Imagine a five year old struggling to tie their shoe.
What’s your instinct? You want to help, right?
The best way to help is not to help.
When parents jump in and help little Mary tie her shoes little Mary angrily says, “I’ll do it myself!”
On the other hand, allowing little Mary to struggle and fail produces a desirable frustration. Eventually, she’ll come to a nearby parent for help. At that point, mommy is a genius and little Mary learns respect. If she’s stubborn and doesn’t come for help or her frustration goes too far, parents can say, “Would you like some help?”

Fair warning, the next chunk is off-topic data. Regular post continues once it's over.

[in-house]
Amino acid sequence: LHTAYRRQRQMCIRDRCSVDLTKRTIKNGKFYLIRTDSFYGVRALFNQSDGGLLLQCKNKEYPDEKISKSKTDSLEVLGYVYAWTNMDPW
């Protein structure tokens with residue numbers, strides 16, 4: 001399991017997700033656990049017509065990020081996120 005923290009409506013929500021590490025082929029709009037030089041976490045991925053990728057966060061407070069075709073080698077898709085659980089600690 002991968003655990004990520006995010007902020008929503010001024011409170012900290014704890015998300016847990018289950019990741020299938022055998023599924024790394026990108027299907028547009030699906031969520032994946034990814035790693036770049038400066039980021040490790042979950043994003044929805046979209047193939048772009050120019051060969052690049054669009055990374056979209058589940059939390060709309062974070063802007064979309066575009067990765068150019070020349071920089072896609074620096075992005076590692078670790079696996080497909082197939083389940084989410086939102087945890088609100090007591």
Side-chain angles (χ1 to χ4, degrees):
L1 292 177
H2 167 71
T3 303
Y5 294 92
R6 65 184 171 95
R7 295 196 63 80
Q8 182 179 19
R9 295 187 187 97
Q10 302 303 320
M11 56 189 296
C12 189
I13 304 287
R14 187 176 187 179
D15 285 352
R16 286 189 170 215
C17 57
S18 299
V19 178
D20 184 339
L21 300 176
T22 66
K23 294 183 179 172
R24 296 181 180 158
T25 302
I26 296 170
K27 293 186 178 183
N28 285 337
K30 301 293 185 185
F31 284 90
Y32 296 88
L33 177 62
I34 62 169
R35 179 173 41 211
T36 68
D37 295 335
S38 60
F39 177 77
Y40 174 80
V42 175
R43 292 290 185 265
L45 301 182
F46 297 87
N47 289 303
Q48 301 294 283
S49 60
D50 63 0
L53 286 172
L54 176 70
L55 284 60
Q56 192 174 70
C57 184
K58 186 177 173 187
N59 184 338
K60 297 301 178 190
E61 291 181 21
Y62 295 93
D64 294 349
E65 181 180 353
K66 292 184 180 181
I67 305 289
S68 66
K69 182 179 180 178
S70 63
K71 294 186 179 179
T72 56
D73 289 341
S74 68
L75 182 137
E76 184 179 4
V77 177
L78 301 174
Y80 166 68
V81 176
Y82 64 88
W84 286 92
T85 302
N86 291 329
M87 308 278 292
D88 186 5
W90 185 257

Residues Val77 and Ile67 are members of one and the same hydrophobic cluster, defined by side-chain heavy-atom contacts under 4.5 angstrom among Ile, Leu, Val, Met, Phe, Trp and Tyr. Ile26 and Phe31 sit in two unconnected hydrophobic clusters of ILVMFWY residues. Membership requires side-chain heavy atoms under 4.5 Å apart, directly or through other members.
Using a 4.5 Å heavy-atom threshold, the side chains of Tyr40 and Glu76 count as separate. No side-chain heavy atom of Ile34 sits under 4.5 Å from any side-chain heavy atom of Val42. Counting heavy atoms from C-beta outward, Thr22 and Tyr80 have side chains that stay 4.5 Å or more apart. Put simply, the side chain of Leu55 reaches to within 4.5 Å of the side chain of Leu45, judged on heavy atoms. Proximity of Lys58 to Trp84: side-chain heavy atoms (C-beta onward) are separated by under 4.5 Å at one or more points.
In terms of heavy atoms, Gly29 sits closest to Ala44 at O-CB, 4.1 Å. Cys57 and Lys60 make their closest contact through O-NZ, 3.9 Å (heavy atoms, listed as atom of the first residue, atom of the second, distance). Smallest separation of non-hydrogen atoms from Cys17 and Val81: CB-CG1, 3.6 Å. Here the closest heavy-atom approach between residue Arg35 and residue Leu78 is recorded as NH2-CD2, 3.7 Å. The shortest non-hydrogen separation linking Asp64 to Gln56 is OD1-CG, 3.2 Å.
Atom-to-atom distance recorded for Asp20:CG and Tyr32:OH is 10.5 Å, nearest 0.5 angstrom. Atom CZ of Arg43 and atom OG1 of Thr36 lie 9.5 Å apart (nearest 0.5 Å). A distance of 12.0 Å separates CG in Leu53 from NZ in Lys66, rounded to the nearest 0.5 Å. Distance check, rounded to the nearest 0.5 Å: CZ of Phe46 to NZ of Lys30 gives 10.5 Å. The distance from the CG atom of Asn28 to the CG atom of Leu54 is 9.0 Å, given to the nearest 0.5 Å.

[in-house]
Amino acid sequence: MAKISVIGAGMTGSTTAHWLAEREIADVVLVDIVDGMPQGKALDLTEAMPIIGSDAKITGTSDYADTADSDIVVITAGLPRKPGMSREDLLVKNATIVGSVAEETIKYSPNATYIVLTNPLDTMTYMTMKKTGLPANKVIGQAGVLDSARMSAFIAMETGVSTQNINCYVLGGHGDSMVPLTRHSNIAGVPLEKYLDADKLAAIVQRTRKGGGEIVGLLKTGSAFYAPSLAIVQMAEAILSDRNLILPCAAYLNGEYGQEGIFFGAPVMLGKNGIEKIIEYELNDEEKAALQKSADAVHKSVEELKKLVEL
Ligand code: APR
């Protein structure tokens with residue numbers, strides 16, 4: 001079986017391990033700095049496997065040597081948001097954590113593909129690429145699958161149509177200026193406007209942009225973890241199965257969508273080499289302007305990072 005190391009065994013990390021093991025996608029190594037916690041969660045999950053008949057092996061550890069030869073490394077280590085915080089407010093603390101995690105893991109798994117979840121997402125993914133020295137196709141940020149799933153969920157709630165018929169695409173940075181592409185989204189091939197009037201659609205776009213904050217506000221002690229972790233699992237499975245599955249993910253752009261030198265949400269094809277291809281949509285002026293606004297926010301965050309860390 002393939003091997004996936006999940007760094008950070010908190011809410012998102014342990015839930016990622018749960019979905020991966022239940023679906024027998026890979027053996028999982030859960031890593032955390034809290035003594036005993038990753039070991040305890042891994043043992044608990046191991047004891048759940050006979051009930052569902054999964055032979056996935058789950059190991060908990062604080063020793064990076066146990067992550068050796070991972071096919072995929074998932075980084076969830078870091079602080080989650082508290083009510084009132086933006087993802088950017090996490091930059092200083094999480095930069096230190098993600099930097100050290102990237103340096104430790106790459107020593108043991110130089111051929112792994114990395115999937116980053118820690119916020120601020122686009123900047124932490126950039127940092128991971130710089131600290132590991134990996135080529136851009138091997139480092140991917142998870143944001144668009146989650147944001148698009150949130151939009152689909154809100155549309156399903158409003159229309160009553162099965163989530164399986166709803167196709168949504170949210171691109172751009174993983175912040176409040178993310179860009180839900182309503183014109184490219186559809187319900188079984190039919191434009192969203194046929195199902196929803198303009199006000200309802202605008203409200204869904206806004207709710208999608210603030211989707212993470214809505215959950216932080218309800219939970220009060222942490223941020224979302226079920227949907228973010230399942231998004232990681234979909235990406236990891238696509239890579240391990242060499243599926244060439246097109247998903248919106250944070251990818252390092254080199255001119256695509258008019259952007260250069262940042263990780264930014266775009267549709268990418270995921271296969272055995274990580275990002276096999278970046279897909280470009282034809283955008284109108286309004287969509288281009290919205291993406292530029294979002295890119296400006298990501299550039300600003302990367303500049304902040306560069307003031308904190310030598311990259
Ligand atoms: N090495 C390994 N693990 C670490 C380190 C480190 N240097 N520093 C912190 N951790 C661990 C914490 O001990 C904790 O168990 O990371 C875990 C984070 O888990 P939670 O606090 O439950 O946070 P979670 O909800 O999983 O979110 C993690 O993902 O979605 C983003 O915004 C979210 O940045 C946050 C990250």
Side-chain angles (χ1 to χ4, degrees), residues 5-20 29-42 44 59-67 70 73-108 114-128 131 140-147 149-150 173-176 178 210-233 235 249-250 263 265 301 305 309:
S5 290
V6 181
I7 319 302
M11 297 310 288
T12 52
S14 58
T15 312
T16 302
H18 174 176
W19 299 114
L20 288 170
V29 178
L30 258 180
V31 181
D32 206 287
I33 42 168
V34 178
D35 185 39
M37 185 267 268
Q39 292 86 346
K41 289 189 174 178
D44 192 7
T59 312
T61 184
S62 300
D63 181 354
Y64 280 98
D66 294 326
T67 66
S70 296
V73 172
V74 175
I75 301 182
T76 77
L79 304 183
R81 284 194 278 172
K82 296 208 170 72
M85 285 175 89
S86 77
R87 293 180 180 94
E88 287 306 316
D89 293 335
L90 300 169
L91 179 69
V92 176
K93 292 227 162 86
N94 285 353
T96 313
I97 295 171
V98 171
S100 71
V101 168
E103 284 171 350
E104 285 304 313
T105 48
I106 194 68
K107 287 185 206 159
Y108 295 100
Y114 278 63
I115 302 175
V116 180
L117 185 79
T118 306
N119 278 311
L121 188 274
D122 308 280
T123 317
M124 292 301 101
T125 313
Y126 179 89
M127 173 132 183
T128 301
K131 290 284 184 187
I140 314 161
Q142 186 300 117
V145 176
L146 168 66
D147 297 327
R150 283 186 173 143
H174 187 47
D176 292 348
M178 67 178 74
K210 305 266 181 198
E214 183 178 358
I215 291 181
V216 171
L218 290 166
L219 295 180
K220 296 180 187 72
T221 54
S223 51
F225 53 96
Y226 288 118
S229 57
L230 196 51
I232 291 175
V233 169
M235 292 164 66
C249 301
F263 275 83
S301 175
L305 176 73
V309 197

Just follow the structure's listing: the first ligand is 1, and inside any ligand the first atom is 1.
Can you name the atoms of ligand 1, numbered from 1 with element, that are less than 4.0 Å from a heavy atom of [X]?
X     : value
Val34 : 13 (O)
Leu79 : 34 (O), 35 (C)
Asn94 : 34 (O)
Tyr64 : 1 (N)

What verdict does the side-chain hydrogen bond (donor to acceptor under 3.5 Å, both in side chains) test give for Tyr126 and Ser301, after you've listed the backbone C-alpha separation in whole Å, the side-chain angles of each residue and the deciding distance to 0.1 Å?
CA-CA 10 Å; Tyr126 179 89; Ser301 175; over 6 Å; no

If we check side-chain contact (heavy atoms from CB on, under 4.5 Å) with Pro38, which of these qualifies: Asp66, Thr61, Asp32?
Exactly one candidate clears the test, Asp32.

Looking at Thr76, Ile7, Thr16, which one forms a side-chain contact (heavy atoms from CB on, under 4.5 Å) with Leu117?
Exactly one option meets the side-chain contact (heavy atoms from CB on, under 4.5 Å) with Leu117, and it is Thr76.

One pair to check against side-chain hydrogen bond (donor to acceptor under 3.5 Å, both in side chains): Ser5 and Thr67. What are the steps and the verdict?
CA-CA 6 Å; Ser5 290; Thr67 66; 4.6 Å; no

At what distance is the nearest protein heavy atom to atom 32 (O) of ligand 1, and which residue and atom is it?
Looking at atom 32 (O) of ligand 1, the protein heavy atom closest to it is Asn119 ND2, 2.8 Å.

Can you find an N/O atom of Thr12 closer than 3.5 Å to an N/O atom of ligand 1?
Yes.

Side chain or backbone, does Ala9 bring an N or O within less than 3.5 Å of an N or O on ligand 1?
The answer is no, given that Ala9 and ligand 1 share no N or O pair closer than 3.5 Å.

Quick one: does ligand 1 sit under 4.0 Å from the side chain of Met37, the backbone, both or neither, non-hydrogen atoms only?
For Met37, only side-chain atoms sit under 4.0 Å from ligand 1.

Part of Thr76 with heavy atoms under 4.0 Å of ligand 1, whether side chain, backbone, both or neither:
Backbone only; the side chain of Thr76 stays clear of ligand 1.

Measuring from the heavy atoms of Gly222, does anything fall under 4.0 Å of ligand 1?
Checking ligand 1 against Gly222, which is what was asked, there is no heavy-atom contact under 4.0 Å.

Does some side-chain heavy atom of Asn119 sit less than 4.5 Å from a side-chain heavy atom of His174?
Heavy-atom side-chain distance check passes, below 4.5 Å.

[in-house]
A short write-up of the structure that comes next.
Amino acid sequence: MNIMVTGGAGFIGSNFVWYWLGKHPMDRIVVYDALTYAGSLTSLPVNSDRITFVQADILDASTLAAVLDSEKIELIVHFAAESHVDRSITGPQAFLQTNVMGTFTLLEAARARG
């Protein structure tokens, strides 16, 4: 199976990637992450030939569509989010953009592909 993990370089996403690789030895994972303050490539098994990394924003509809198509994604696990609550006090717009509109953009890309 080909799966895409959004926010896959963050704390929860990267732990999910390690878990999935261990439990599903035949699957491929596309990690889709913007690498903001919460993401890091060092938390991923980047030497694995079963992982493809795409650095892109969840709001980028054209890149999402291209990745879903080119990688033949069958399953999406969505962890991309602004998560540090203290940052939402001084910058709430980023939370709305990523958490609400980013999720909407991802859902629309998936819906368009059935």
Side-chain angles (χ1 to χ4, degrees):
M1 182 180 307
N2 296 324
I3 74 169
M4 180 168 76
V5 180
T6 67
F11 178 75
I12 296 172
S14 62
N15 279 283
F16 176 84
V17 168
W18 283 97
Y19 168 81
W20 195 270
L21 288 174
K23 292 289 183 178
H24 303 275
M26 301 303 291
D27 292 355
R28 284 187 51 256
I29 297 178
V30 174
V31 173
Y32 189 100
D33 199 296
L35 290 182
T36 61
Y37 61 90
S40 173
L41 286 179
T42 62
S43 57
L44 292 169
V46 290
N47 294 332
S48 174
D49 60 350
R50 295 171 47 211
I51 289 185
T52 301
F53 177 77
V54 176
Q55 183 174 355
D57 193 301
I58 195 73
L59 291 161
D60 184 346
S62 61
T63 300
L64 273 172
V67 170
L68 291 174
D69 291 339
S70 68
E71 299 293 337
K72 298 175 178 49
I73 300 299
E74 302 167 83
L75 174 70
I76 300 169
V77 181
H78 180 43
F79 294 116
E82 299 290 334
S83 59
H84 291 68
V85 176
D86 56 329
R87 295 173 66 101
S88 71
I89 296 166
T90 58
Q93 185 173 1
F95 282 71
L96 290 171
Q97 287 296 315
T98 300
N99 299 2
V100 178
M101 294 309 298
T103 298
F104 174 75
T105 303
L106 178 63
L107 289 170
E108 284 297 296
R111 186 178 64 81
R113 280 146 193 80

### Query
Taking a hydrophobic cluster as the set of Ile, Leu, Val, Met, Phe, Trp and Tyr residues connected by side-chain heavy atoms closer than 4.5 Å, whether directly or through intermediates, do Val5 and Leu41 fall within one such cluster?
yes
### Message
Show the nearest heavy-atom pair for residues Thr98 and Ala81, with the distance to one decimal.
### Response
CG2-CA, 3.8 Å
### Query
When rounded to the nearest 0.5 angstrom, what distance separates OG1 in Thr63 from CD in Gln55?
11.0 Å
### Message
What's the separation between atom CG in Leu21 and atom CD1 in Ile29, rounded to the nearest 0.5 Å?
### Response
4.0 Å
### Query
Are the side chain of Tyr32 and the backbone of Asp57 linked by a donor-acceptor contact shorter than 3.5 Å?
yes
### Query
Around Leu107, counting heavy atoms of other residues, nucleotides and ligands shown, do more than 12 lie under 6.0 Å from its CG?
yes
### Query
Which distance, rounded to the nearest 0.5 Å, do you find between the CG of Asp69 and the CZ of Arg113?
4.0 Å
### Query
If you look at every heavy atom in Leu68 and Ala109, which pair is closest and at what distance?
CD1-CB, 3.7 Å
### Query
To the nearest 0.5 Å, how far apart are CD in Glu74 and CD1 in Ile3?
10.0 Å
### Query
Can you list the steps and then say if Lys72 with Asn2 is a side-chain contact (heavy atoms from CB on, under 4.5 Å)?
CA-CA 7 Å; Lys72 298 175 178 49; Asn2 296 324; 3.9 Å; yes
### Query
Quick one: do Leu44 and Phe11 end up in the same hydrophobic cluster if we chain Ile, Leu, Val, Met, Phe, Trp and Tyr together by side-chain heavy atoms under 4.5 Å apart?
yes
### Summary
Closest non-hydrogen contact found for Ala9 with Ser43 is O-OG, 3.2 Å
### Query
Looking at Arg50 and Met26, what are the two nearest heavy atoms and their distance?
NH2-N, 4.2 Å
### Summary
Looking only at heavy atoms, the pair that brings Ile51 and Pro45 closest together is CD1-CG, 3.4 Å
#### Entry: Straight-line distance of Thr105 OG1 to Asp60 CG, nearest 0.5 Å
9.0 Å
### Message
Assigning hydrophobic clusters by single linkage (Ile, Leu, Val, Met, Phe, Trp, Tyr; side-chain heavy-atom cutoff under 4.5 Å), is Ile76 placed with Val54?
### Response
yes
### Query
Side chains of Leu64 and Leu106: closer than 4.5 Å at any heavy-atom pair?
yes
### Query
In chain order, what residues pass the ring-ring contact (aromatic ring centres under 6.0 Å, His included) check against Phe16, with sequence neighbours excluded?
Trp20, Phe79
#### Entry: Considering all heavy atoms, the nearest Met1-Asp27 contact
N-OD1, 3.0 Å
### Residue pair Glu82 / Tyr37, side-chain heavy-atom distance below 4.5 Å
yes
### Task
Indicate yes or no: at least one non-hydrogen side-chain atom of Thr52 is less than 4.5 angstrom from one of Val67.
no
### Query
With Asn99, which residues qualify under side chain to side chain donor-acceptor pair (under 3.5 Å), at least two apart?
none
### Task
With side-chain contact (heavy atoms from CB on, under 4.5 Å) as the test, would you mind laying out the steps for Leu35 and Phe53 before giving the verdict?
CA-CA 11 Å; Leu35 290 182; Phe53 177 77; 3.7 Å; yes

Leaders, parents, or managers gain respect from others by not helping too soon.
The real problem: leaders frequently bear the burden of knowledge and feel compelled to solve problems.
Leaders may help others reach higher by not helping.